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Book Review: Green Collar Jobs: Working In the New Northwest by Alan Thein Durning

 Green Collar Jobs: Working in the New Northwest

 

by Alan Thein Durning
Northwest Environment Watch, 1999
1402 Third Avenue, Suite 1127 Seattle, WA 98101-2118
206/447-1880
114 pages, $12.50

Buy this book from Powell's, an independent bookstore

Green Collar Jobs tells the story of five rural communities caught between their historical dependence on logging and fishing and the region's evolving environmental goals. In this eloquent little book, Alan Durning brings to life tales of the misdirected struggle between environmentalists and chambers of commerce, as well as success stories of loggers turned protectors of forest ecosystems. Those clinging to old models of resource-based development are juxtaposed with those seeking to develop gently-extractive, value-adding sustainable livelihoods.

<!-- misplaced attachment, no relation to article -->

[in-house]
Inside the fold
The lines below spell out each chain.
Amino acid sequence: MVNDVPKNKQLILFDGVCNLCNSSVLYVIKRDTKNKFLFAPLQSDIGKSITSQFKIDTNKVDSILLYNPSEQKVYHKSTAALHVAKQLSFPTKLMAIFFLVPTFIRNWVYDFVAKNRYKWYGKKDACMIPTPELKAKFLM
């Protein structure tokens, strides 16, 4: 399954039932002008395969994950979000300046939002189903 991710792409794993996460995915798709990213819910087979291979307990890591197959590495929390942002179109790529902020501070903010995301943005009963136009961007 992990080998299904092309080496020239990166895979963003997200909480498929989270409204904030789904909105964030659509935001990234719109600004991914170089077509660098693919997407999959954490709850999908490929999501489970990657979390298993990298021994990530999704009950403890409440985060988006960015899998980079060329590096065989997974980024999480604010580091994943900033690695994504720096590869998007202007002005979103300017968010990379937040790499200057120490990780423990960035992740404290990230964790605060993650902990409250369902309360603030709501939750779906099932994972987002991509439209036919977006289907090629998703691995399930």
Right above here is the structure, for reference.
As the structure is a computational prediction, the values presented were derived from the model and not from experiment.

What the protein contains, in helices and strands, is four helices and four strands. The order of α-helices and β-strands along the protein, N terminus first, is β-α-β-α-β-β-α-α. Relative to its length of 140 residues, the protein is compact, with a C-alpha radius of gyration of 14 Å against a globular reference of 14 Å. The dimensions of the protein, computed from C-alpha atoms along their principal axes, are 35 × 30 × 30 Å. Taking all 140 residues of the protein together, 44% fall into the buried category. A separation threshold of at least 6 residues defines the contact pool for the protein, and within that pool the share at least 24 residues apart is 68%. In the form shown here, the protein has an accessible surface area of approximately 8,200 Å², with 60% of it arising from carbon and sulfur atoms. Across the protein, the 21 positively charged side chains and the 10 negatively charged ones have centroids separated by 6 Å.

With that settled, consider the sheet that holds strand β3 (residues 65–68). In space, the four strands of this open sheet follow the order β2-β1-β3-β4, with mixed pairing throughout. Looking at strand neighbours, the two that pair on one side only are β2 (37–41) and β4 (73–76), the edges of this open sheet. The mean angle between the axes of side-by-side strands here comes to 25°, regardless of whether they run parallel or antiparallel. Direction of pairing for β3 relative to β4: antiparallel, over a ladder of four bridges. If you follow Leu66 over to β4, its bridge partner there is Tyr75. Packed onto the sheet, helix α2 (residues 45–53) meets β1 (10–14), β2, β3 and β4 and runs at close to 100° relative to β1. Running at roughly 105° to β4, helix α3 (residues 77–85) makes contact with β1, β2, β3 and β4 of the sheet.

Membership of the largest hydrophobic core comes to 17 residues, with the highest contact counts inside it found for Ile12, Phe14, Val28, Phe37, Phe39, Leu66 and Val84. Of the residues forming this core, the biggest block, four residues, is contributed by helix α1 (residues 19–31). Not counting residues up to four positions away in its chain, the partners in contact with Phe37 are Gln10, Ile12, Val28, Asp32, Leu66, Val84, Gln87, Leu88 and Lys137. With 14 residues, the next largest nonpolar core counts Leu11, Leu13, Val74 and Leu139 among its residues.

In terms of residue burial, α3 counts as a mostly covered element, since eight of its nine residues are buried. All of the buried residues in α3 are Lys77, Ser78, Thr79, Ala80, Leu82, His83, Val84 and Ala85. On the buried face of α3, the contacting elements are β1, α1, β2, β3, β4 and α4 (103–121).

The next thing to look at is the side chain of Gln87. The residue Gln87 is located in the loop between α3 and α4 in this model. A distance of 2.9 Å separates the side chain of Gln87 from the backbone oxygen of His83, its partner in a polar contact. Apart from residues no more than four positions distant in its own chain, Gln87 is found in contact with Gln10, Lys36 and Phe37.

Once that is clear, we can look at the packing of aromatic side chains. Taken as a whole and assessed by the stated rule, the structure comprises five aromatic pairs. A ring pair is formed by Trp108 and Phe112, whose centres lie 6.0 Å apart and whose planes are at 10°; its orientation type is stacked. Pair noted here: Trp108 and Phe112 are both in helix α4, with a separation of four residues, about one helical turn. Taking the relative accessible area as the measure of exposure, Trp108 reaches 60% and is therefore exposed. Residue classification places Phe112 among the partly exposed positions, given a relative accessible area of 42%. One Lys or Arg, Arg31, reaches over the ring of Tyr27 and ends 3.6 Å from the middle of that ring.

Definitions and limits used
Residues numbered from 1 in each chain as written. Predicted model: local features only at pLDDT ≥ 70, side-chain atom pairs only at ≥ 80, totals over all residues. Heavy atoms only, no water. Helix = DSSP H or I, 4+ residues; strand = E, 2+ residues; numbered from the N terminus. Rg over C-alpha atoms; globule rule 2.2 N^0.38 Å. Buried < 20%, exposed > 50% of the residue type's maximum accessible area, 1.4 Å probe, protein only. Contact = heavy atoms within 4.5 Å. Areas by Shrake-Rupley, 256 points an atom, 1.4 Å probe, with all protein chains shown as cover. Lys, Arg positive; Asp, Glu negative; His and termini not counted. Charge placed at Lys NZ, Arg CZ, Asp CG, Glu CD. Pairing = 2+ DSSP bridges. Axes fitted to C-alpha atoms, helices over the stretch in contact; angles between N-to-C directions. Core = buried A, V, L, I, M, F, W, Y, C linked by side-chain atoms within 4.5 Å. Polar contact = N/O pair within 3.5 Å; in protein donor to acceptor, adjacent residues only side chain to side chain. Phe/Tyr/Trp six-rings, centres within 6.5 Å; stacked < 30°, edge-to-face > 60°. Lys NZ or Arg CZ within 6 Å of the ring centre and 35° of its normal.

Durning is well aware of the digital divide that threatens with joblessness many of those dispossessed by the old extractive economy. Communities are losing traditional firms, established jobs, and neighbors. But Durning finds hope in the communities - growing resilience, the new residents and firms, the diversifying economy and population, and the active involvement of citizens.

His careful tableau blends and seeks to reconcile work and nature, conservation and tourism, consumption and sustainability - all set within the context of the temperate rain forests of the Pacific Northwest.

In the several months since its publication, the book remains a well-kept secret of our friends in the Northwest. But it deserves to be read much more widely; it applies as well to the wooded communities of the upper Midwest, the "Northeast Kingdom" of New England, Appalachia, and the sky-island forest communities of the Southwest.

Green Collar Jobs is a source of encouragement about the transformation of rural towns in the face of globalization and a quiet voice of measured optimism for a future beyond giant timber firms and "Big Box" shopping malls. And its gentle wisdom on the need for consumption sufficiency as well as resource efficiency will echo well with many.

  Reviewed by Michael E. Conroy, who works in the environment and development field at the Ford Foundation.

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